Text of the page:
Olfactory Bulbs 

Speaking of smell, over 20 papers show MRI signal abnormalities in the olfactory bulbs of COVID-19 patients with anosmia (loss of smell). This isn't new, but anosmia has been reported in breakthrough cases as well. The images below show some resolution in a patient from time 1 to time 2.

Magnetic Resonance Imaging Alteration of the Brain in a Patient With Coronavirus Disease 2019 (COVID-19) and Anosmia

"...we can speculate that SARS-CoV-2 might invade the brain through the olfactory pathway and cause an olfactory dysfunction of sensorineural origin."

 

modified from Fig 2 (Politi et al., 2020). A coronal 2-dimensional FLAIR image shows a slight reduction of the hyperintensity and the thickness of the olfactory bulbs [right side], suggesting a postinfection olfactory loss.


modified from Fig 2 (Politi et al., 2020). FLAIR image showing complete resolution of the previously seen signal alteration within the cortex of the right gyrus rectus [bottom image].



Omega Variant 

OK, I made that up. However (alpha, beta, delta, epsilon, iota, gamma, OTHER):



Predominance of antibody-resistant SARS-CoV-2 variants in vaccine breakthrough cases from the San Francisco Bay Area, California (preprint):

"These findings suggest that vaccine breakthrough cases are preferentially caused by circulating antibody-resistant SARS-CoV-2 variants, and that symptomatic breakthrough infections may potentially transmit COVID-19 as efficiently as unvaccinated infections, regardless of the infecting lineage."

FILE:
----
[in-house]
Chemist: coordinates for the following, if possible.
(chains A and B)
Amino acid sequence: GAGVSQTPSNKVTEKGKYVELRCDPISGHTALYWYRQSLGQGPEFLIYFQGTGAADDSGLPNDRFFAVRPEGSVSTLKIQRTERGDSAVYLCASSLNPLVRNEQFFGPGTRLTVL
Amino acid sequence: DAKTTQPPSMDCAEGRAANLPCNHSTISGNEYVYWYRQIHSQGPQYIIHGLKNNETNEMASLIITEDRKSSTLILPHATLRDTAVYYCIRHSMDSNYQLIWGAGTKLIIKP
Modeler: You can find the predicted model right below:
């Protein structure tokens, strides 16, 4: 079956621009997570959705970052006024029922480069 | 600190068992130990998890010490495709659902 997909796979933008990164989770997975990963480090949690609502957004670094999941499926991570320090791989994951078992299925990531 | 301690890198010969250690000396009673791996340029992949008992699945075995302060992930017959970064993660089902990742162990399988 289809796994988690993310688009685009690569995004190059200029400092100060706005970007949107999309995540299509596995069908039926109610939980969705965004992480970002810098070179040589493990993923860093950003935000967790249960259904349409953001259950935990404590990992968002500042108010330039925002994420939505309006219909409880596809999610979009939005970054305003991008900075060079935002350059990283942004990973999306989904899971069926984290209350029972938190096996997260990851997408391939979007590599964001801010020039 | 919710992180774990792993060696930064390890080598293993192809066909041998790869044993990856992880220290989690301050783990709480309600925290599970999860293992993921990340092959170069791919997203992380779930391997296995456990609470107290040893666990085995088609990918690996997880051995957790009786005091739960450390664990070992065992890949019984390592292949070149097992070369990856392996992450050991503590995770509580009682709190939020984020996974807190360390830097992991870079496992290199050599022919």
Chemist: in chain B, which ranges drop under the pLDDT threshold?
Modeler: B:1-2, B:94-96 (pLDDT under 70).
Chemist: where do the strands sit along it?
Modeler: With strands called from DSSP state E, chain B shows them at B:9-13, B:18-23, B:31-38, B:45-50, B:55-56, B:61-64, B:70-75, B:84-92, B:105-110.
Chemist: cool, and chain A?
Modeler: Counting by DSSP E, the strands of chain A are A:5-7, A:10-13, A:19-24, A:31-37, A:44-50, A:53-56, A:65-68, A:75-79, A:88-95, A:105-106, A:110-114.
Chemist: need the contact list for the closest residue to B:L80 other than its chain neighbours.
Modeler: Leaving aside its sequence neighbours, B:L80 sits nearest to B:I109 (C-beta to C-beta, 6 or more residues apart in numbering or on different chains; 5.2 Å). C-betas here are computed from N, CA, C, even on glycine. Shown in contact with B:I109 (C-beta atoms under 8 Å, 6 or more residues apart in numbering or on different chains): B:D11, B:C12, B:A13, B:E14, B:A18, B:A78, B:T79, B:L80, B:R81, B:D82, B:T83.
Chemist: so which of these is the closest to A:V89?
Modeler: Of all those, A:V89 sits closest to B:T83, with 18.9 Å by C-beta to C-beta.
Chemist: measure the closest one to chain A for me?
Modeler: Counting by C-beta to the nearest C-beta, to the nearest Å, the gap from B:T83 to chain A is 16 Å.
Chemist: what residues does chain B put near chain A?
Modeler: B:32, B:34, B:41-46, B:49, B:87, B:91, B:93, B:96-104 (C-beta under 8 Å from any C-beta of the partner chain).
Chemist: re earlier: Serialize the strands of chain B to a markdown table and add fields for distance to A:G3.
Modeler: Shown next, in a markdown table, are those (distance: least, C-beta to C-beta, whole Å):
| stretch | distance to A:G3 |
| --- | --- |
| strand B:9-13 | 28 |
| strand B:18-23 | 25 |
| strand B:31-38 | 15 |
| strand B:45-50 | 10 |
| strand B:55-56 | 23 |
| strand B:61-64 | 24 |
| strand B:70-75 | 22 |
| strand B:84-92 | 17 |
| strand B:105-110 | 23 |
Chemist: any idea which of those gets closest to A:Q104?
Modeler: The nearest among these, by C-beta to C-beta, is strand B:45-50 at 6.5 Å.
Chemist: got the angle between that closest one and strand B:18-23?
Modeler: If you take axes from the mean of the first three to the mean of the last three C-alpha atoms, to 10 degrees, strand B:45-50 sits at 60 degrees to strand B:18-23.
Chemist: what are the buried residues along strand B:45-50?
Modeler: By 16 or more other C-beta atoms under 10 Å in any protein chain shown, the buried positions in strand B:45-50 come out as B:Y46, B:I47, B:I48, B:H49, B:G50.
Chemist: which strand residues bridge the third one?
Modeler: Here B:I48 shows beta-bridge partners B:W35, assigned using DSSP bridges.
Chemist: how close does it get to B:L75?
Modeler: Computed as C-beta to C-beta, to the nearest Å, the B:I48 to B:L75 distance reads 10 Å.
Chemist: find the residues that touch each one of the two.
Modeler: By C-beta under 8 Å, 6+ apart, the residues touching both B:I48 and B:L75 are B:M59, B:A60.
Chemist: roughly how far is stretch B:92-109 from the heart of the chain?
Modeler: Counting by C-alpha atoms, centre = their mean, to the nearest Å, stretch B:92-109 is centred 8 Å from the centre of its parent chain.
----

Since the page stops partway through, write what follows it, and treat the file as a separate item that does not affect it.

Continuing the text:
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Saturday, July 31, 2021

Why would nasally-transferred coronavirus only affect the left side of the brain?


WE GET QUESTIONS!

Q – “I survived a mild case of COVID. Should I be worried about the volume of gray matter in olfactory-related structures in the left hemisphere of my brain?”

A – Most of what you've read on social media may be overstated.

One of the scariest things about SARS-CoV-2 (other than possible death) is that it affects multiple organs, including the brain. The vast majority of studies have compared measures in COVID survivors to those obtained from participants without COVID. These cross-sectional studies cannot determine whether pre-existing differences can account for disease-related 'changes'.

An important new preprint by Douaud and colleagues reported results from a longitudinal study that obtained MRIs from participants before and during the pandemic. Carefully matched cohorts of COVID+ (n=394) and COVID- (n=388) people were given a second scan 3 years after their initial entry into the study. The majority of patients were not hospitalized. The authors hypothesized that brain areas related to smell and taste, senses which show notable decrements in infected patients, would be altered in the COVID-19 population.

 


from Vaughan & Jackson (2014). The “piriform axis” is an unusual oblique angle that shows primary olfactory cortex (Pir, piriform cortex) in the orbitofrontal region of the frontal lobe and nearby medial temporal lobe structures related to emotion and memory (Am, amygdala and Hip, hippocampus).


The frightening entrée of the virus into the brain may be through the nose. In mice, the S1 subunit of the coronavirus spike protein crosses the protective blood brain barrier and ends up in the olfactory bulb within 10-30 min (Rhea et al., 2021). After that, we don't really know what happens. So it's a stretch to suggest that neurotropism (viral infection of brain cells) causes alterations at a macro level in humans that can be detected by structural MRI. Anyway, that's the hypothesis.